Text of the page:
Here are the minutes of the 2 roundtables which I held with chairs of governors from schools across East Worthing & Shoreham on May 17th and 25th May.
All 28 schools were invited to attend and 18 took up the offer with some governors substituting and some sending additional members. Additionally I held a separate meeting with all the governors of Sompting Village School.
School governor roundtables
I am pleased to report that of the 28 state schools in East Worthing & Shoreham 18 schools were represented whilst additionally I was asked to attend separate briefings with the governor body of Sompting Village School and with the head and governors of Chesswood.
As promised I am now distributing my notes of the main points from those meetings and next steps. It is not an exhaustive list and I have tried to be as inclusive of all standpoints as possible so please feel free to come back to me with any omissions or corrections you feel appropriate. I will also be posting a version of this on social media.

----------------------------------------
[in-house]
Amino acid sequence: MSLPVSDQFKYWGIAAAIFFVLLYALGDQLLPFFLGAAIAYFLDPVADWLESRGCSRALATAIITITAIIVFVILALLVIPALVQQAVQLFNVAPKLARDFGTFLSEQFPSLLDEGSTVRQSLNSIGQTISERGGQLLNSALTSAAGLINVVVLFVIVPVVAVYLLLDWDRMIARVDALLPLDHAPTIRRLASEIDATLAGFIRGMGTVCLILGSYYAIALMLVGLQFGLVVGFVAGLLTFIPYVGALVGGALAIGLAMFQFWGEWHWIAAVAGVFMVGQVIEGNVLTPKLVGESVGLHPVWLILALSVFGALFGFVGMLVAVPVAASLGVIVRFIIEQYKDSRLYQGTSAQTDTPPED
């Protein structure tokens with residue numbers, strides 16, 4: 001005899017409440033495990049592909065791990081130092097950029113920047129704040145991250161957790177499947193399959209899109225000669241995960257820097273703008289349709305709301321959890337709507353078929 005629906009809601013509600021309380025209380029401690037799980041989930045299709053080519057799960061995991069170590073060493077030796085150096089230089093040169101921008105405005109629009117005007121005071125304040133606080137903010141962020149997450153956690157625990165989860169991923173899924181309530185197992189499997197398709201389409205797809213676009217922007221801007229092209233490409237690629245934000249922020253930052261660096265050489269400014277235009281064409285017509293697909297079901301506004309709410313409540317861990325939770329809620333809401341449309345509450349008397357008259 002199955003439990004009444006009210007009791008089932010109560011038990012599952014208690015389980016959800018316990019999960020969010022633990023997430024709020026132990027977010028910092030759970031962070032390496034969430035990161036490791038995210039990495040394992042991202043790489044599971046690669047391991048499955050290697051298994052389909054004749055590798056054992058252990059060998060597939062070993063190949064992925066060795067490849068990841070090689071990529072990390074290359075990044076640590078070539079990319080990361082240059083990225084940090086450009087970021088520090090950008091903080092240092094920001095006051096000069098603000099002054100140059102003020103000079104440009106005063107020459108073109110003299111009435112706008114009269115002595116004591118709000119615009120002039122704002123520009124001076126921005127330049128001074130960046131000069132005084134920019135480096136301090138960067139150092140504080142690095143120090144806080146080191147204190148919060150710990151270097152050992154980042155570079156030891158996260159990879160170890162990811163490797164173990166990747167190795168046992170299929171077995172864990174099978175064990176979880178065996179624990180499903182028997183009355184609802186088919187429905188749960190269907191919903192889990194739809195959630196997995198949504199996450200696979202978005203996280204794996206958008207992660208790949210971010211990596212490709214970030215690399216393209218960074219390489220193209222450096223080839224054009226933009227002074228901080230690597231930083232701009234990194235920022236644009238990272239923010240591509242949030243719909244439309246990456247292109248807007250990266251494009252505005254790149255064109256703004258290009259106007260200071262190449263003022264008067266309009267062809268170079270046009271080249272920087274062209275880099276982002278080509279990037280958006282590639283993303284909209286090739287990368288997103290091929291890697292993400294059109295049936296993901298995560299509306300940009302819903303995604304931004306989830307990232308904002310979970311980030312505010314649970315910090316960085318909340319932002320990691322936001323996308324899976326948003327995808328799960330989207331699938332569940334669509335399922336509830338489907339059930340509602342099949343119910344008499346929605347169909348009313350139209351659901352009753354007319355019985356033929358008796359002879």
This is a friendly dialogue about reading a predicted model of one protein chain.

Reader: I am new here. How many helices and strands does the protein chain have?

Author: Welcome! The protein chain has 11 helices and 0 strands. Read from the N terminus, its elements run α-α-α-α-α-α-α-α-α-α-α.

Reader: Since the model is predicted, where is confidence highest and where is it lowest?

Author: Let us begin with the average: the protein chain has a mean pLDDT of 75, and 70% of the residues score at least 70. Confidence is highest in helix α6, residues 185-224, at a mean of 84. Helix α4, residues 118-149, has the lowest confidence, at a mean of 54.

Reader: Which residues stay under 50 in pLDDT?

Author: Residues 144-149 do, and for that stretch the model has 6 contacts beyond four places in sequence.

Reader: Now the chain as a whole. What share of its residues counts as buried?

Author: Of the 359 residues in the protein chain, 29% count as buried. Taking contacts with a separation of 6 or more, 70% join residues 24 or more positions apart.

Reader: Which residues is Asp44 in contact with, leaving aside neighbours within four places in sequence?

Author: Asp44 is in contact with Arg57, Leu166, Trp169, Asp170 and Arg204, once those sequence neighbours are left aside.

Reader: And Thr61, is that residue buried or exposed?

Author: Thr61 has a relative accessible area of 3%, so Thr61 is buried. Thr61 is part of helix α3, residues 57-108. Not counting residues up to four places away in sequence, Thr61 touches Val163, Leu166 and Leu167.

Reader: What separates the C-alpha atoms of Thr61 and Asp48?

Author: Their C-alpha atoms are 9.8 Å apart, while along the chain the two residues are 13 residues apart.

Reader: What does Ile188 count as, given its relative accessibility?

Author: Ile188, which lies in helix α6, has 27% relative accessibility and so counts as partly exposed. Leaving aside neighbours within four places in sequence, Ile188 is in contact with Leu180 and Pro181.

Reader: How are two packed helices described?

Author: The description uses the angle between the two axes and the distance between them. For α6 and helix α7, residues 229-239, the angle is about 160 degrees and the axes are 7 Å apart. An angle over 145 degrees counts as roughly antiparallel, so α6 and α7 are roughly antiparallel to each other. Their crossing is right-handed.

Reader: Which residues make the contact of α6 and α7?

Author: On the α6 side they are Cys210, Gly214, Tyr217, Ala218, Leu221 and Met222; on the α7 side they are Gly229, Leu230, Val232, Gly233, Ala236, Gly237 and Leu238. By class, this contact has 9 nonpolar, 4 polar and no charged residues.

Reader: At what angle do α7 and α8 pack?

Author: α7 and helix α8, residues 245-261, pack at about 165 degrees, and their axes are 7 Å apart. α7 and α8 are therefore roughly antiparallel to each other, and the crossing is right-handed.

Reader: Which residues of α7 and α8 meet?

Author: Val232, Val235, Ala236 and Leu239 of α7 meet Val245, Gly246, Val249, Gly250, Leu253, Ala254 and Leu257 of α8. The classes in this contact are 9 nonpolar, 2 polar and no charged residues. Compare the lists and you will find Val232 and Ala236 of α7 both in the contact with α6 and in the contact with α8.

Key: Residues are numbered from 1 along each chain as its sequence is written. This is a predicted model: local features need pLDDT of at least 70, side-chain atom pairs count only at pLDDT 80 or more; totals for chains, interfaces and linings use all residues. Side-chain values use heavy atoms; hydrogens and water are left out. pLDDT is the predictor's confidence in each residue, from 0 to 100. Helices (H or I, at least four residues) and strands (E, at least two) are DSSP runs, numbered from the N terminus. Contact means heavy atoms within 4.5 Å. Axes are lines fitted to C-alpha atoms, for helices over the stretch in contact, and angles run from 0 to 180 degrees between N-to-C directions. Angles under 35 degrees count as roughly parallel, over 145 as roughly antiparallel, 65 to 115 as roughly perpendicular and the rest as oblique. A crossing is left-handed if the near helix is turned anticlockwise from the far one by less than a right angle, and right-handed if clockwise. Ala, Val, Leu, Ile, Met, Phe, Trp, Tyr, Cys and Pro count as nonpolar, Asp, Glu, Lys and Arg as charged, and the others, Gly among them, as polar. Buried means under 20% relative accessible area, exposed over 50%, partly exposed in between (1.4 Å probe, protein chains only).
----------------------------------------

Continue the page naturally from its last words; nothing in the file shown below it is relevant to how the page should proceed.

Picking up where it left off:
The meeting was called at the suggestion of a couple of governors who asked me directly if I could repeat the exercise I held for all the heads across the constituency before last the summer break. I was very happy to do this as quickly as possible and suggested 3 possible dates and chose the 2 when virtually all chairs said they were available or could send a deputy. In one case a primary school actually sent 4 governors across the 2 meetings who I am pleased to report all contributed energetically.